What Are Predictive Analytics?
Nearly every modern business on the market takes advantage of the insights that analytics provide. As data science software technology continues to advance rapidly, it can be challenging to keep up. Terms like “advanced predictive analytics” and “actionable insights” may sound foreign to those with no prior knowledge of the advancements in data-driven business intelligence processes. Thankfully, once you’ve grasped the basics of analytical models, business-applicable analytics becomes much easier to understand.
What are analytics?
Analytics use mathematics and big data to make sense of numbers. They help us identify meaningful relationships between sets of data and can even assist us in predicting the outcome of particular scenarios or future events. In reference to business processes, analytics can be highly beneficial in a number of ways.
Business analytics provide the context behind data and statistics that help employees understand which strategies are working well and which need improvement. When applied appropriately, business analytics can even guide executive-level employees through their decision-making processes.
Descriptive analytics interpret historical data. This type of analytics can help reveal the reasoning behind big data changes over time, like dips in revenue or spikes in online traffic. After data mining, this step in the analytical process comes first. Suppose you own a flower shop that experiences a sharp increase in bouquet sales every September. There are no major holidays in September like Valentine’s Day or Mother’s Day, so it may be challenging to determine why this spike occurs and how to prepare for the next one.
Descriptive analytics will comb through historical data that your business has collected over time and aims to explain the driving factors behind changes in bouquet sales. In this particular case, descriptive analytics helps pinpoint the reason behind the increase in sales so that your company can adjust its inventory appropriately to accommodate it.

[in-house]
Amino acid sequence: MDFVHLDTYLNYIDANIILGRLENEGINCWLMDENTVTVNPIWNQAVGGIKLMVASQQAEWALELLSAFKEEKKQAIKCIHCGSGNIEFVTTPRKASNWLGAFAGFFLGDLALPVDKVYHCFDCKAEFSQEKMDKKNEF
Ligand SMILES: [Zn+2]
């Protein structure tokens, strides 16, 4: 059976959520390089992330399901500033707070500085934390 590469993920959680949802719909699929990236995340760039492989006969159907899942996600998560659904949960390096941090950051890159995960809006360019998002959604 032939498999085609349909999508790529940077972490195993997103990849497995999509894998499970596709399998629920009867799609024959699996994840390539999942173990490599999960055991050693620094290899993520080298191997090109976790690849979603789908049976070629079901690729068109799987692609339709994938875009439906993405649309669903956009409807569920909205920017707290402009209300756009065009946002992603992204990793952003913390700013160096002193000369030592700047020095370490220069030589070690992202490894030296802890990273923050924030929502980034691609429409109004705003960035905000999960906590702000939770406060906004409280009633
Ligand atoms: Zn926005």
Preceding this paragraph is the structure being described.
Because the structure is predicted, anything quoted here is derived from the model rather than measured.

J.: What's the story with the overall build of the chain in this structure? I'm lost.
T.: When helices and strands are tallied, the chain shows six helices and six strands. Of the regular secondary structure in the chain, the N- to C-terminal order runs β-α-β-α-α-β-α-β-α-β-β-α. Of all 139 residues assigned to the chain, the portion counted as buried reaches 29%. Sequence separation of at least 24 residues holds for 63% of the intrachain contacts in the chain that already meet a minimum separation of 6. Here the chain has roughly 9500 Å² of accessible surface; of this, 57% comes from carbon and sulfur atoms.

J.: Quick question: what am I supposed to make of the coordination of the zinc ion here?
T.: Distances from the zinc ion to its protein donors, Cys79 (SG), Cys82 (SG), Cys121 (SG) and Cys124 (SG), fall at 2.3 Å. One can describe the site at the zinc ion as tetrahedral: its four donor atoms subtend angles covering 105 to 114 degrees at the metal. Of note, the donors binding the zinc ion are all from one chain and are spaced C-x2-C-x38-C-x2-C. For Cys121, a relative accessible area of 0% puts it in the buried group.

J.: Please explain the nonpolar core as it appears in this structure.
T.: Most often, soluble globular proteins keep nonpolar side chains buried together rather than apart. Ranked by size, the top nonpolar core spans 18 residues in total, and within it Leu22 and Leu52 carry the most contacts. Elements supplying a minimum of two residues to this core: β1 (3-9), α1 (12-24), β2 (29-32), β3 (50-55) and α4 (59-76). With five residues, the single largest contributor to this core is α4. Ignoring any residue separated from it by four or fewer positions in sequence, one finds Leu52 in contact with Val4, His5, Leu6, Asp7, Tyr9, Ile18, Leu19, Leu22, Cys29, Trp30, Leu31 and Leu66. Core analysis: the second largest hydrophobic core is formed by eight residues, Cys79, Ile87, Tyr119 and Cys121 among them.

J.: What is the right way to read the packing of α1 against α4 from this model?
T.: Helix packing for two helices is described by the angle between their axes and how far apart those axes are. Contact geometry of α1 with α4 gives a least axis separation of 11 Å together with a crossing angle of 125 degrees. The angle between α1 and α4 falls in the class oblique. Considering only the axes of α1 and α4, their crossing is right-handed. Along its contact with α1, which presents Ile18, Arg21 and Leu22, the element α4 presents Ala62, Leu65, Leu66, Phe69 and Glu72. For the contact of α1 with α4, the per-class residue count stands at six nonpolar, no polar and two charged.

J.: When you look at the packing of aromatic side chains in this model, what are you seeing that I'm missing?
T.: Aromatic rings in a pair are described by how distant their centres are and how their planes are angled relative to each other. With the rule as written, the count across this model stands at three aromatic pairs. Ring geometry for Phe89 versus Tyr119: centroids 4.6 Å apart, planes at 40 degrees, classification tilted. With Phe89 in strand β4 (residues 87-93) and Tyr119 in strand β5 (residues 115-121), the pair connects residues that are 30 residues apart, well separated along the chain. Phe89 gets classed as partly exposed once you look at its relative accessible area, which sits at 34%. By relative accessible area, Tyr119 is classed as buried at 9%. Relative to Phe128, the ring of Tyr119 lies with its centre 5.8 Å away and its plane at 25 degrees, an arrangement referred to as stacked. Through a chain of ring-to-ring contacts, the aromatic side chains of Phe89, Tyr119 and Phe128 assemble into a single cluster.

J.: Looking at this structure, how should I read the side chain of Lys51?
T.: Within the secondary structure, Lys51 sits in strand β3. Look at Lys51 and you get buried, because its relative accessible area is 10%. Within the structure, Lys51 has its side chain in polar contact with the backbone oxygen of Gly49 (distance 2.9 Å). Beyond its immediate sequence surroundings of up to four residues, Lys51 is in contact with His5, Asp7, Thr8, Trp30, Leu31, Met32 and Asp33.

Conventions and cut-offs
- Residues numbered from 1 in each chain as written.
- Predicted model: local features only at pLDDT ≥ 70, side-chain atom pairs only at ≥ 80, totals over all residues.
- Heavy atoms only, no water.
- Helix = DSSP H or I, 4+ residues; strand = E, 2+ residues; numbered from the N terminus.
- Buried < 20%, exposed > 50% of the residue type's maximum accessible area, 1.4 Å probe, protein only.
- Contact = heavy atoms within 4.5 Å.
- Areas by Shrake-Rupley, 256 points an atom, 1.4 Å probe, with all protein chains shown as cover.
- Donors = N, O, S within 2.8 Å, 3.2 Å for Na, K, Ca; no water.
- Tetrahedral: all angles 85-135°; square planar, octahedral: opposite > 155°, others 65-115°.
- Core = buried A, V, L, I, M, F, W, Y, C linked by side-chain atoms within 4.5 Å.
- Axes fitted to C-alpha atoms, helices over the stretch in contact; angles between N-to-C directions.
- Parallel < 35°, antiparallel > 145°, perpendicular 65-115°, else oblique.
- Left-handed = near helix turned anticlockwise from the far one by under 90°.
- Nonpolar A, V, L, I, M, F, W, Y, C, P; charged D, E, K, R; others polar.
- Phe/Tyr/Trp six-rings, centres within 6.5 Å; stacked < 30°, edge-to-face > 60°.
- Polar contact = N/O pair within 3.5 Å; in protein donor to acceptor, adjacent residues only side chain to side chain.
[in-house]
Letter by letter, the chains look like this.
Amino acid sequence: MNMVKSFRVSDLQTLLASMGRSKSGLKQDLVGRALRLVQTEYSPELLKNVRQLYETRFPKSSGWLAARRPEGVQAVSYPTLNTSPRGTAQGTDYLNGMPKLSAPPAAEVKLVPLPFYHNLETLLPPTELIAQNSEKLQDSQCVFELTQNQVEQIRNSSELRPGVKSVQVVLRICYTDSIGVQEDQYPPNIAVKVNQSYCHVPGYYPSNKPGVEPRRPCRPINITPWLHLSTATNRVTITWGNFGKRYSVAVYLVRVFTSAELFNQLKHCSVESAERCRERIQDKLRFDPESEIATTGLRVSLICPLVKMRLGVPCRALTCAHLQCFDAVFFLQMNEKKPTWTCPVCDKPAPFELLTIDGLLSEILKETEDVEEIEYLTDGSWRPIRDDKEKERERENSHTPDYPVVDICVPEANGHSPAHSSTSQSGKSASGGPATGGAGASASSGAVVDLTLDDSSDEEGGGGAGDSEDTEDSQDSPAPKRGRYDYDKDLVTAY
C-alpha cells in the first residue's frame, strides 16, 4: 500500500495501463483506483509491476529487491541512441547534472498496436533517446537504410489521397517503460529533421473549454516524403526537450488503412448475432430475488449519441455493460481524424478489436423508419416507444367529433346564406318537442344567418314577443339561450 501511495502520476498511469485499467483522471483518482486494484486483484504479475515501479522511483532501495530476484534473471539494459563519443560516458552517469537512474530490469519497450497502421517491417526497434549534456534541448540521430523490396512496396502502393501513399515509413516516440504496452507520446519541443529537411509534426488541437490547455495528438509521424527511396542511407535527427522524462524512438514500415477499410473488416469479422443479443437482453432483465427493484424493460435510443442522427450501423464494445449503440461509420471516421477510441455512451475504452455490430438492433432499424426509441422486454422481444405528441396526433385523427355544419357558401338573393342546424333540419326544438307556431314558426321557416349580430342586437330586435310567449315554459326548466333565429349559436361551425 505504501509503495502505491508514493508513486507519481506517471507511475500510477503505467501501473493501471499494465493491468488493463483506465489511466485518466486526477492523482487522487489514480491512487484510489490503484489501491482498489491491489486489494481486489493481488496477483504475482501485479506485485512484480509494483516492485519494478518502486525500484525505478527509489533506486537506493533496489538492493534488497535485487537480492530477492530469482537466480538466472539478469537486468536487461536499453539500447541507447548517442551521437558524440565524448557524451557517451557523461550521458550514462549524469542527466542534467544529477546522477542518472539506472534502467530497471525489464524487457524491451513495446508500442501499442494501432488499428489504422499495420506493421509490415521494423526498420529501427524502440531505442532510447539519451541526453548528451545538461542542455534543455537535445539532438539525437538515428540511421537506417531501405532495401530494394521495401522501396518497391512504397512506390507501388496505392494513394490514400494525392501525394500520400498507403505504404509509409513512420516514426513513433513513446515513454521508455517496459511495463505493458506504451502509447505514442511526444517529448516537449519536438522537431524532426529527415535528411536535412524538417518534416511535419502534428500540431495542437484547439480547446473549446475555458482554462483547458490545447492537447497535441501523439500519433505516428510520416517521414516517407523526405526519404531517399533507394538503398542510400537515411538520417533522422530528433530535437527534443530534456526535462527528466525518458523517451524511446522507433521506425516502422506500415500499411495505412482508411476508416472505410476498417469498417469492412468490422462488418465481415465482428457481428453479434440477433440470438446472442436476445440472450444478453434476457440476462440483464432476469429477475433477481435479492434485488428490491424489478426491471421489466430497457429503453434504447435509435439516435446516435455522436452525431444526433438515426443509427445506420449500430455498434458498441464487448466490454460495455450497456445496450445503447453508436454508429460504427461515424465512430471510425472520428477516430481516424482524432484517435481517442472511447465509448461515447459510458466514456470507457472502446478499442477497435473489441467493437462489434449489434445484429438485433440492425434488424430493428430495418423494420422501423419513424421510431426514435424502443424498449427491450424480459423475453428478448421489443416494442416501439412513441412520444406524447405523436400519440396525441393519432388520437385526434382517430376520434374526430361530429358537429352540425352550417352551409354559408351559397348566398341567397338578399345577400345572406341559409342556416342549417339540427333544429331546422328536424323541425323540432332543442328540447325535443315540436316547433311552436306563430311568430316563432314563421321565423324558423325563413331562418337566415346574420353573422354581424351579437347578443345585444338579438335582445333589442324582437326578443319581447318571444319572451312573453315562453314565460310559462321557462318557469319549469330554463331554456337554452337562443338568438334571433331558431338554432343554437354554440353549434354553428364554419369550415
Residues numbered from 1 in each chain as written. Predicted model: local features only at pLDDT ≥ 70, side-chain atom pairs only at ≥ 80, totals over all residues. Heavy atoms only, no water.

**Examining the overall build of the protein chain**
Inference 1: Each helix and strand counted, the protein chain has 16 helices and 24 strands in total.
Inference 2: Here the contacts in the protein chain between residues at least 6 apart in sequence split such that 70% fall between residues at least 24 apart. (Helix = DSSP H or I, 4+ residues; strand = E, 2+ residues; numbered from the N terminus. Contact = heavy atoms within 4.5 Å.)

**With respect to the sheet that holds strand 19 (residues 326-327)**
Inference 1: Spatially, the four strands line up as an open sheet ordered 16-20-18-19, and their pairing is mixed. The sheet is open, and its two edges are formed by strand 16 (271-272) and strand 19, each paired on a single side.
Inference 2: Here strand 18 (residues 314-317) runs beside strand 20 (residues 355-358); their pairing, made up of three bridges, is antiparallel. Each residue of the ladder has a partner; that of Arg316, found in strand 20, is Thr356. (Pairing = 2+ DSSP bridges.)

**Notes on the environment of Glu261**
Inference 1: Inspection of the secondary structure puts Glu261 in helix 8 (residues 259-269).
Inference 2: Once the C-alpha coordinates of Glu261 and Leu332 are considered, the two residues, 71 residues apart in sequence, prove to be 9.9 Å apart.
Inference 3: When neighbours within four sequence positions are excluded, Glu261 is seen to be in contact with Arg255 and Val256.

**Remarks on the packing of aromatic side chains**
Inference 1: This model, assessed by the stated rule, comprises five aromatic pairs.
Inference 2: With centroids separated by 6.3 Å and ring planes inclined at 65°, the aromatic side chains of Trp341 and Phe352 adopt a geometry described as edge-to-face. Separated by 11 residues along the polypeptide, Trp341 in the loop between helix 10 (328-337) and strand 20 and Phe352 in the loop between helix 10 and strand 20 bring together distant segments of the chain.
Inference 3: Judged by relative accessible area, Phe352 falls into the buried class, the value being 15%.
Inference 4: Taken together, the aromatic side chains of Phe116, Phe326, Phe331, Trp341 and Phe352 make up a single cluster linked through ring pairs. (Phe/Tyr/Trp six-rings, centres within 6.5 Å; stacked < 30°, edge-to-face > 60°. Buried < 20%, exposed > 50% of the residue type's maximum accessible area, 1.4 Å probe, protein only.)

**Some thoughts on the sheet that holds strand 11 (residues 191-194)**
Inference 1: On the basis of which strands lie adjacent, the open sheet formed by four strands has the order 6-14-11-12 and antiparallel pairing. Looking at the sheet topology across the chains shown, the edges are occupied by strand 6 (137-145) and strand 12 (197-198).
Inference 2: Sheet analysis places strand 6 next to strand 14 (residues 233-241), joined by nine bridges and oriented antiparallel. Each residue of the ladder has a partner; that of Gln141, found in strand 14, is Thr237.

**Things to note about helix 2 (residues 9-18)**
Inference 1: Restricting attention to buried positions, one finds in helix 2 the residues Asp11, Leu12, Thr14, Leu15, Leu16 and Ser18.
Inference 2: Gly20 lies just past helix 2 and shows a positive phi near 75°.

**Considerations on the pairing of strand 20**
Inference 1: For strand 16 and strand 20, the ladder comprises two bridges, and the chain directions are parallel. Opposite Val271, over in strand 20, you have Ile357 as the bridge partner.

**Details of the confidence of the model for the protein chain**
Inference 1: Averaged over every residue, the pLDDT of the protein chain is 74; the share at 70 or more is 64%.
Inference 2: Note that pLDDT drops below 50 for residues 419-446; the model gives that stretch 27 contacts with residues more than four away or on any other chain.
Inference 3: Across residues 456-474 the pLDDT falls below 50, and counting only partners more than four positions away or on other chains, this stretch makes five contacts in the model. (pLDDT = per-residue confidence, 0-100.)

Predictive analytics solutions use the latest techniques in modeling and statistics to predict future events. Descriptive analytics provides the foundation of historical data interpretations for predictive analytics to build scenarios upon. In other words, predictive analytics can determine how likely data patterns are to emerge again in the future.
Insurance companies utilize this popular method for risk analyses. Many different aspects come into play when you are being evaluated for insurance coverage, like your driving history and demographic. This complex data is run through a predictive analytical model to determine how much risk the insurance company may be taking on by insuring you.
Prescriptive analytics is known for using machine learning to provide businesses with actionable insights. Just like descriptive analytics sets predictive analytics up for success, predictive analytics provide the data that prescriptive analytics uses to draw conclusions. This type of analytics takes data exploration a step further by recommending which course of action may be best for the company to take in a given scenario. Industries that have little room for human mistakes and errors, like the automobile industry or healthcare industry benefit greatly from these analytics techniques.
Every day, your business is generating tons and tons of unstructured data. Ignoring the practical applications of this data can be a big business mistake. Examining your marketing strategies, communicating business needs to shareholders, and gaining deeper insights into your company’s performance all require the help of business analytics.
Overall, analytics can help you streamline business processes and make better business decisions. To learn more about analytics and the impact they may have on your company goals, consider consulting with an expert. Leaders in data science technology like TIBCO provide businesses with the informational resources, products, and services they need to thrive.